Most of the people who showed up brought their kids and were obviously from the houses nearby. No one was really interested in booking a cooking party. The neighborhood was a quietly dramatic group of houses perched on cliffs next to the Pacific Ocean, but it wasn't a particularly affluent crowd. It was the kind of area where sweeping sea vistas, junkyards and tiny homes all came together.

Pacifica is small, odd, very windy and starkly beautiful. It's also the last place you're going to land a big event client on Halloween night. I kind of knew this going in, but again, what else did I have to do but go and see what a professional kitchen on the lower level of a house on a residential street in Pacifica was like?

I drove home along Highway 1 in the rain and felt more alone than I ever had on Halloween, even more than the ones spent alone in my apartment in New York. It seemed as though everyone I met that night was wearing a costume that would never fit me. I was about as likely to become a princess or Spider-Man as I was the chef behind the stove making hors d'oeuvres, or an outdoorsy mom leading her kids and dog through a remote seaside street from house to house, or a hippie artist/photographer/stylist.

Not sure what I'll do for Halloween this year, but I'm going to try to avoid anything that involves work, Pacifica or Charlie Chaplin.

Music: "Shockadelica"

Thursday, October 15, 2009

Points of Contention: Big Questions.

Sometimes the topics of debate that take place during my work day blow my mind. Here are some examples, just from today. *

Is the word "panties" objectionable?

Do people care about Amber Rose?

Are most people aware that their gas contains ethanol?

If it's a cardigan with a hood, can you call it a "hoodie"?

Do people remember that Ben Affleck played Jack Ryan?

Who is more interesting from The Real World: Jacinda or Ruthie?

Is Paranormal Activity really that scary?

Is it that much of a concern if there's a Purell shortage?

* My opinions, consecutively: sort of, no, who knows, not really, no, Ruthie, who knows, no

Music: What's the Use?

Thursday, October 08, 2009

Random Pics.

First of all, if you still even look at this URL, thank you. I apologize for not delivering much lately. That's a whole separate UncMo.

A side benefit of needing to have bloodwork done at the Quest Diagnostics lab on Connecticut Avenue in Washington is that you will leave feeling better about your life than you did when you walked in, especially after being exposed to the staff there. You may not be thrilled to watch multiple vials fill up with your own blood, but your phlebotomist is even less thrilled. I can't remember the last time I saw people looking so miserable in their jobs. Maybe it's just too many babies and specimens being loaded onto their counters.

A few years ago, I visited a friend and his wife, who is a plastic surgeon in Beverly Hills. While we were sitting at the dinner table, the surgeon looked at me and at her husband. "You both have placid face," she said. Placid face? My friend's wife pointed to her forehead, where she had a crease in the center, which drove her crazy. "Your foreheads are perfectly smooth," she said wistfully. "Placid face."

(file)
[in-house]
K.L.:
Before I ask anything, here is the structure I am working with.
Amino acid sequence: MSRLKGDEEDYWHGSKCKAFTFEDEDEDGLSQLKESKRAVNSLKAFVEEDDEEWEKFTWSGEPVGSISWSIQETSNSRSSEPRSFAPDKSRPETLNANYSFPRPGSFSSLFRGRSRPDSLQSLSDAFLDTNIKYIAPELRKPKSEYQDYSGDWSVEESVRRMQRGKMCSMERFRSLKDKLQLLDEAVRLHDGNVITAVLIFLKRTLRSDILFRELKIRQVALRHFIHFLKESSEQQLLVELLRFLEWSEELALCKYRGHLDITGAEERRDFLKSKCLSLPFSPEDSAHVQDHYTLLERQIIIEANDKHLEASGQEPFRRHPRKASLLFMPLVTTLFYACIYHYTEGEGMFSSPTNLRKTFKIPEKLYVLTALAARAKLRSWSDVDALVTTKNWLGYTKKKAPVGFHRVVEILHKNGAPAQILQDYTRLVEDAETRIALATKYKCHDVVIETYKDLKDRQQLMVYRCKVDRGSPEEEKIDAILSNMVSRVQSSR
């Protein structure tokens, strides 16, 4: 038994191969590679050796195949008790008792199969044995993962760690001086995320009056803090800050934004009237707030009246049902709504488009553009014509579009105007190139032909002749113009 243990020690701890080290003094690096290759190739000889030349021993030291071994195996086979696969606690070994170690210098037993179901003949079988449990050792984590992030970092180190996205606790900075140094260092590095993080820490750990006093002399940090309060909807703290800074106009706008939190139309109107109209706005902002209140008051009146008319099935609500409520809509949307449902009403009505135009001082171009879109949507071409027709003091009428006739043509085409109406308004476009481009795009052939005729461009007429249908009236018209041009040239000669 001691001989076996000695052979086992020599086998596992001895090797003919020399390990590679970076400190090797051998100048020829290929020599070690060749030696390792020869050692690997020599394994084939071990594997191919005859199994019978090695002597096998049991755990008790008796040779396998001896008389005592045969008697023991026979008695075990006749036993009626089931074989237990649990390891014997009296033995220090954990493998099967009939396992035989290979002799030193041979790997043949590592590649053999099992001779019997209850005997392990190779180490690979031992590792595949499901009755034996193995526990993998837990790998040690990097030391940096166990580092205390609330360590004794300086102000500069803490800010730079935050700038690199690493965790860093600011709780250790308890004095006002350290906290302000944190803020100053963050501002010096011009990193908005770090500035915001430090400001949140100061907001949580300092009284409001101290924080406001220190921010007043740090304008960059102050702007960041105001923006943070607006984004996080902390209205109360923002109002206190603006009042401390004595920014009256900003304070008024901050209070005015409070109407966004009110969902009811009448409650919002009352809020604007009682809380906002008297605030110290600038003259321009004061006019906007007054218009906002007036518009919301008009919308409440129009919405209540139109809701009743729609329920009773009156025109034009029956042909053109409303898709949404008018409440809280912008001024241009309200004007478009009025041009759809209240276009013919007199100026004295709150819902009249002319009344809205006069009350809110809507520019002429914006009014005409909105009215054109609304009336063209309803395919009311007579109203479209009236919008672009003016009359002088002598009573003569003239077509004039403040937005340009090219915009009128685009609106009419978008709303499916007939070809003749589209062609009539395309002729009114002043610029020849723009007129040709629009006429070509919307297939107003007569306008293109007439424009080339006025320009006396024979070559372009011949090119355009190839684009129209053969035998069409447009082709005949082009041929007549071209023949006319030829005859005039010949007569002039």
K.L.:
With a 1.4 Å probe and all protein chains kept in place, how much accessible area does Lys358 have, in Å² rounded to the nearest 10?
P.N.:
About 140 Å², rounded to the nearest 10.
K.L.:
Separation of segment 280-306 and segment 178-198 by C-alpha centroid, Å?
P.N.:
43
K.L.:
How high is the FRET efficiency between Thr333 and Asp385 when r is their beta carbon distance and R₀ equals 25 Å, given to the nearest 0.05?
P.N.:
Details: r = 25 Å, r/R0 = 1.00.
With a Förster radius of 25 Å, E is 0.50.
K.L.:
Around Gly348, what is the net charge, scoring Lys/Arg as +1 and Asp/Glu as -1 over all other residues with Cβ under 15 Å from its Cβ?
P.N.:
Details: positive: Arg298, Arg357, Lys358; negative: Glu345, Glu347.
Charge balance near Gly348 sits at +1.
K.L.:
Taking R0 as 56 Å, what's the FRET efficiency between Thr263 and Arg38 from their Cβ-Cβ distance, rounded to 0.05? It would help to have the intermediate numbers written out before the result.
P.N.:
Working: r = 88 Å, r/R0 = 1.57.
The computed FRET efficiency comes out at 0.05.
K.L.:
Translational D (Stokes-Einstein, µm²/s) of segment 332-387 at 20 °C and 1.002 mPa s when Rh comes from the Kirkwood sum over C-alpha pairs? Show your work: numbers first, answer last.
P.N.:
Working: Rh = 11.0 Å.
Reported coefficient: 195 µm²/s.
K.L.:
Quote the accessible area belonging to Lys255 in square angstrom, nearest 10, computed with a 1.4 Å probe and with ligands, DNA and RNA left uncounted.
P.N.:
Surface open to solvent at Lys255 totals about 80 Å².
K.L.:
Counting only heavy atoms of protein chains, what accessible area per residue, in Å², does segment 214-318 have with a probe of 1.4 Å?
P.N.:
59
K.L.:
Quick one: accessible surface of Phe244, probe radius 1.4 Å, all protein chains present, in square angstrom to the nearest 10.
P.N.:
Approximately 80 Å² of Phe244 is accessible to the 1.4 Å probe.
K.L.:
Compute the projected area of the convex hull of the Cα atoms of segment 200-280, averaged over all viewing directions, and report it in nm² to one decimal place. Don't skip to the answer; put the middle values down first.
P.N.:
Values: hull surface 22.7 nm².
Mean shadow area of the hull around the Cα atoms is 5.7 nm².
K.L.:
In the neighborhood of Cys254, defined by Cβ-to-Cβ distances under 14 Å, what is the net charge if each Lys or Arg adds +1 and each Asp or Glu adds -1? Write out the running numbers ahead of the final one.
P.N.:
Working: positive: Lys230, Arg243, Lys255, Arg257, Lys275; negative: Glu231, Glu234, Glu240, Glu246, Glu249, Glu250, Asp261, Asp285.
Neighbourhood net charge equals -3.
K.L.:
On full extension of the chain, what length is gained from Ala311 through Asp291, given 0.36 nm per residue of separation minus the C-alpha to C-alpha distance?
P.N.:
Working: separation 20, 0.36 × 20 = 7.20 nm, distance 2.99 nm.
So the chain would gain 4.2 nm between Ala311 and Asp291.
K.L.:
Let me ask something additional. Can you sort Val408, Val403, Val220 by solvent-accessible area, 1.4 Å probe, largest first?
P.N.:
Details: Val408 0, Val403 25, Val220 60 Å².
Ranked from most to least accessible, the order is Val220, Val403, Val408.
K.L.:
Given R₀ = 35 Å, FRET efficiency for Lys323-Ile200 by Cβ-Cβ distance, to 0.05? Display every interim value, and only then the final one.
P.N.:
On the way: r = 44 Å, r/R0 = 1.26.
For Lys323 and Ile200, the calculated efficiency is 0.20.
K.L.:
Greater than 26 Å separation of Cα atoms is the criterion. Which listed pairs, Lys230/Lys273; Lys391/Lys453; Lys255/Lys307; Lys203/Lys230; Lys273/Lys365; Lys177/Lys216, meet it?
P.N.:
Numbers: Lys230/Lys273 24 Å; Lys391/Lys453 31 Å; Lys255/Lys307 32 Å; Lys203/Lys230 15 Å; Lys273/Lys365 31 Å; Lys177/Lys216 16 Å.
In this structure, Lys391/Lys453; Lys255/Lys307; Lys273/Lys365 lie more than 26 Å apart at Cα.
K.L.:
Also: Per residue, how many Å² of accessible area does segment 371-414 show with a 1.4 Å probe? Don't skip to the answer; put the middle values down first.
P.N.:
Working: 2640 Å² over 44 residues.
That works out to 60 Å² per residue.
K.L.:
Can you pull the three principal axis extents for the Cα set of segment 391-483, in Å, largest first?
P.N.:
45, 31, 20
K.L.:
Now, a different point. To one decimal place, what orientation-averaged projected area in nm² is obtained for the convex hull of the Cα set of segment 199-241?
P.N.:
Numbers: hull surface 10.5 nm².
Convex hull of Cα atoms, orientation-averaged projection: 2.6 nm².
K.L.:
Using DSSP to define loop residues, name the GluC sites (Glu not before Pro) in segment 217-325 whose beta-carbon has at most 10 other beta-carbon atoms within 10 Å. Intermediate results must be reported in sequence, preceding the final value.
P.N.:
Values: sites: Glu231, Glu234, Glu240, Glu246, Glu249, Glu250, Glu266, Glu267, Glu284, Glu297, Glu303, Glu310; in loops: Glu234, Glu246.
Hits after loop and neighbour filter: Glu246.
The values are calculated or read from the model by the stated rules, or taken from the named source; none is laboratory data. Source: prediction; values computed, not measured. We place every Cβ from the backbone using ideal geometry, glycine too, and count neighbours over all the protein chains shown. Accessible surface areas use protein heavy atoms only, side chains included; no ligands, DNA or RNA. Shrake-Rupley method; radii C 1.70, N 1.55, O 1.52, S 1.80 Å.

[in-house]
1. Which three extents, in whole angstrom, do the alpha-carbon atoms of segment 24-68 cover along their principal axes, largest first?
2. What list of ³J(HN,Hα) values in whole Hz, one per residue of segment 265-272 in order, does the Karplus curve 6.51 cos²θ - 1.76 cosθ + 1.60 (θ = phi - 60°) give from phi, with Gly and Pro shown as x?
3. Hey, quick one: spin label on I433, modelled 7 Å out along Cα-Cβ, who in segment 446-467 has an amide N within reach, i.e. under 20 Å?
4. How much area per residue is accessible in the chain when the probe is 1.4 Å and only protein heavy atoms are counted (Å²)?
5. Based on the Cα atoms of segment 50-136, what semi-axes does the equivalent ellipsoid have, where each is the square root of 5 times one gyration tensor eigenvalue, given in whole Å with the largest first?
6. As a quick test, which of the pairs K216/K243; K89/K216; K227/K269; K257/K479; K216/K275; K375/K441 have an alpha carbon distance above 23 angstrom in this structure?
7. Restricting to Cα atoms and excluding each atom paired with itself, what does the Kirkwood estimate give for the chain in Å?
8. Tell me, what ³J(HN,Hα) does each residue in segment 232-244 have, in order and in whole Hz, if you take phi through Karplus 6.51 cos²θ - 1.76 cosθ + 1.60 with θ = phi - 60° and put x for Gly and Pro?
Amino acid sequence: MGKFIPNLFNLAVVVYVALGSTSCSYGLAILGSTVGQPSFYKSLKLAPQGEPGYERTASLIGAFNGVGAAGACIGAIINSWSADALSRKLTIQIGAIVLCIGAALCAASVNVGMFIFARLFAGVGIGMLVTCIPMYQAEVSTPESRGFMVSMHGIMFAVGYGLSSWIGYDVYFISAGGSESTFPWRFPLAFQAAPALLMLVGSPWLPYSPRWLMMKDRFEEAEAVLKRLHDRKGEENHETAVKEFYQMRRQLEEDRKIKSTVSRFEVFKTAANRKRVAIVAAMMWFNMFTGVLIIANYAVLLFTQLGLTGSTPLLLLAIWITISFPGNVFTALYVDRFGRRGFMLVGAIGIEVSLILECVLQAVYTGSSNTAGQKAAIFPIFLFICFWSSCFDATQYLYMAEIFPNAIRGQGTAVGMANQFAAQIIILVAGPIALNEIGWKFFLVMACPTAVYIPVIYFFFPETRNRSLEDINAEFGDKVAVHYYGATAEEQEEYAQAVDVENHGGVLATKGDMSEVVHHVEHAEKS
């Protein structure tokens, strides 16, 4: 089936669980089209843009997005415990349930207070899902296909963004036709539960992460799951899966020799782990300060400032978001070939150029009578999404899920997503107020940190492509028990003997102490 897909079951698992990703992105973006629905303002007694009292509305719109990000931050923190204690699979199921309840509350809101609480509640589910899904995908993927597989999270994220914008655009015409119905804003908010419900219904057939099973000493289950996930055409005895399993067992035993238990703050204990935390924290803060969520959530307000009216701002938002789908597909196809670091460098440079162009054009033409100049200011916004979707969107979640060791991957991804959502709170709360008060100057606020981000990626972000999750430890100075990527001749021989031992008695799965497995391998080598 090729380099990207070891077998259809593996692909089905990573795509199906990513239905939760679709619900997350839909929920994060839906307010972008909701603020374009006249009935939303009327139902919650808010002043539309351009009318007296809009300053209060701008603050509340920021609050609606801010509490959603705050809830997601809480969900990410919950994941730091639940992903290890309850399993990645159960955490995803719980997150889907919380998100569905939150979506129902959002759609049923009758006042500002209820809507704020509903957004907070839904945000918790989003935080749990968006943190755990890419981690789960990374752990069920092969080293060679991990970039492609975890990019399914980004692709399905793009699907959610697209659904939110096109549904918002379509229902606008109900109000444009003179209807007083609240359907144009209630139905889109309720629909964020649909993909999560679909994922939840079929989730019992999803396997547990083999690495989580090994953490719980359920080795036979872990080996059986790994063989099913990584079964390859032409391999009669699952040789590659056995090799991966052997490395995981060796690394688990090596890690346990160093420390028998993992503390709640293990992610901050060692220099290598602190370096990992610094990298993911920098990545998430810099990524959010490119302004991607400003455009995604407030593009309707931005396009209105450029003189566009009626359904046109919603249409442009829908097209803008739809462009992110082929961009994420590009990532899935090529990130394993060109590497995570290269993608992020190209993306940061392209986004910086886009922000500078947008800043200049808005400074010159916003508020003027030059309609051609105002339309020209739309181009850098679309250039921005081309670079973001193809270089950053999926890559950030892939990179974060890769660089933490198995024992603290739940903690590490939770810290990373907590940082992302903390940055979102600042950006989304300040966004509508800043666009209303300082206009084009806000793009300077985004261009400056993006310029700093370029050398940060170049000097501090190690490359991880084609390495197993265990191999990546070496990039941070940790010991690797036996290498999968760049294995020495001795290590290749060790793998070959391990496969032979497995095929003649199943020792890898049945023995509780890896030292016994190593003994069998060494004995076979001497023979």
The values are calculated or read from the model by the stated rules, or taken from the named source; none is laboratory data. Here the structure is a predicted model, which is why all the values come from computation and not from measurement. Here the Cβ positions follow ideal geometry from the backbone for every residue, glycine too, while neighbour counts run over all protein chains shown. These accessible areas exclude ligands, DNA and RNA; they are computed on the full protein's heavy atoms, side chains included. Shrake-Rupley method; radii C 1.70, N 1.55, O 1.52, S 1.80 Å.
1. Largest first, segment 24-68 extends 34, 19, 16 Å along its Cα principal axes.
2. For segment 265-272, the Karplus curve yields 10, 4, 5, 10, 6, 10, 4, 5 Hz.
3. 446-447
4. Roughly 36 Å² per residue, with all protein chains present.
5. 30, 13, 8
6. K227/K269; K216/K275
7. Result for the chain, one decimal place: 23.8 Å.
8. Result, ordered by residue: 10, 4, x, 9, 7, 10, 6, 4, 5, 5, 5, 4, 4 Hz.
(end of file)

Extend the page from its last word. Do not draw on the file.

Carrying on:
It's true that my forehead has always been a great, vast expanse of smoothness, which frankly never in my life occurred to me as an asset until then. After that, whenever I had a moment of grieving over my fivehead, I would console myself with the idea that someone out there actually thought there was something enviable about it.

Then I caught a glimpse of myself in the reflection of an Amtrak train window and realized that that vestige of comfort is gone. I have a big stress-induced pock mark on the side of my forehead. Aging is a sneaky motherfucker.

I found this attempt at distraction in my new lady-doctor's office pretty amusing at first. Did these people really think that something looking like the worst travel agency poster ever, taped up on tile ceiling over flourescent lighting, was going to enhance my experience in the stirrups?

I reconsidered my stance while I was involuntarily learning the meaning of the term vasovagal reaction during a biopsy (I'm OK) and becoming suddenly intensely invested in the idea of being on a seashore. I focused on that poster like there was no tomorrow as my insides were being scraped out. Thanks guys!

I could not stop staring at this man's hair while at the DMV trying to get Maryland license plates for my car (an astonishingly difficult feat, as it turned out). In the back (the party), his hair undulated in soft, impeccable waves. In the front (business), it was very spiky and filled with product. This picture really doesn't do justice to the textures involved. He also sat in his DMV seat with complete discipline, seemingly out of respect for his hair and/or for those who would admire it. I think the DMV should have been paying him to sit there, just to remind all of us hopeless souls waiting endlessly that true greatness is possible.

Music: "Private Eyes"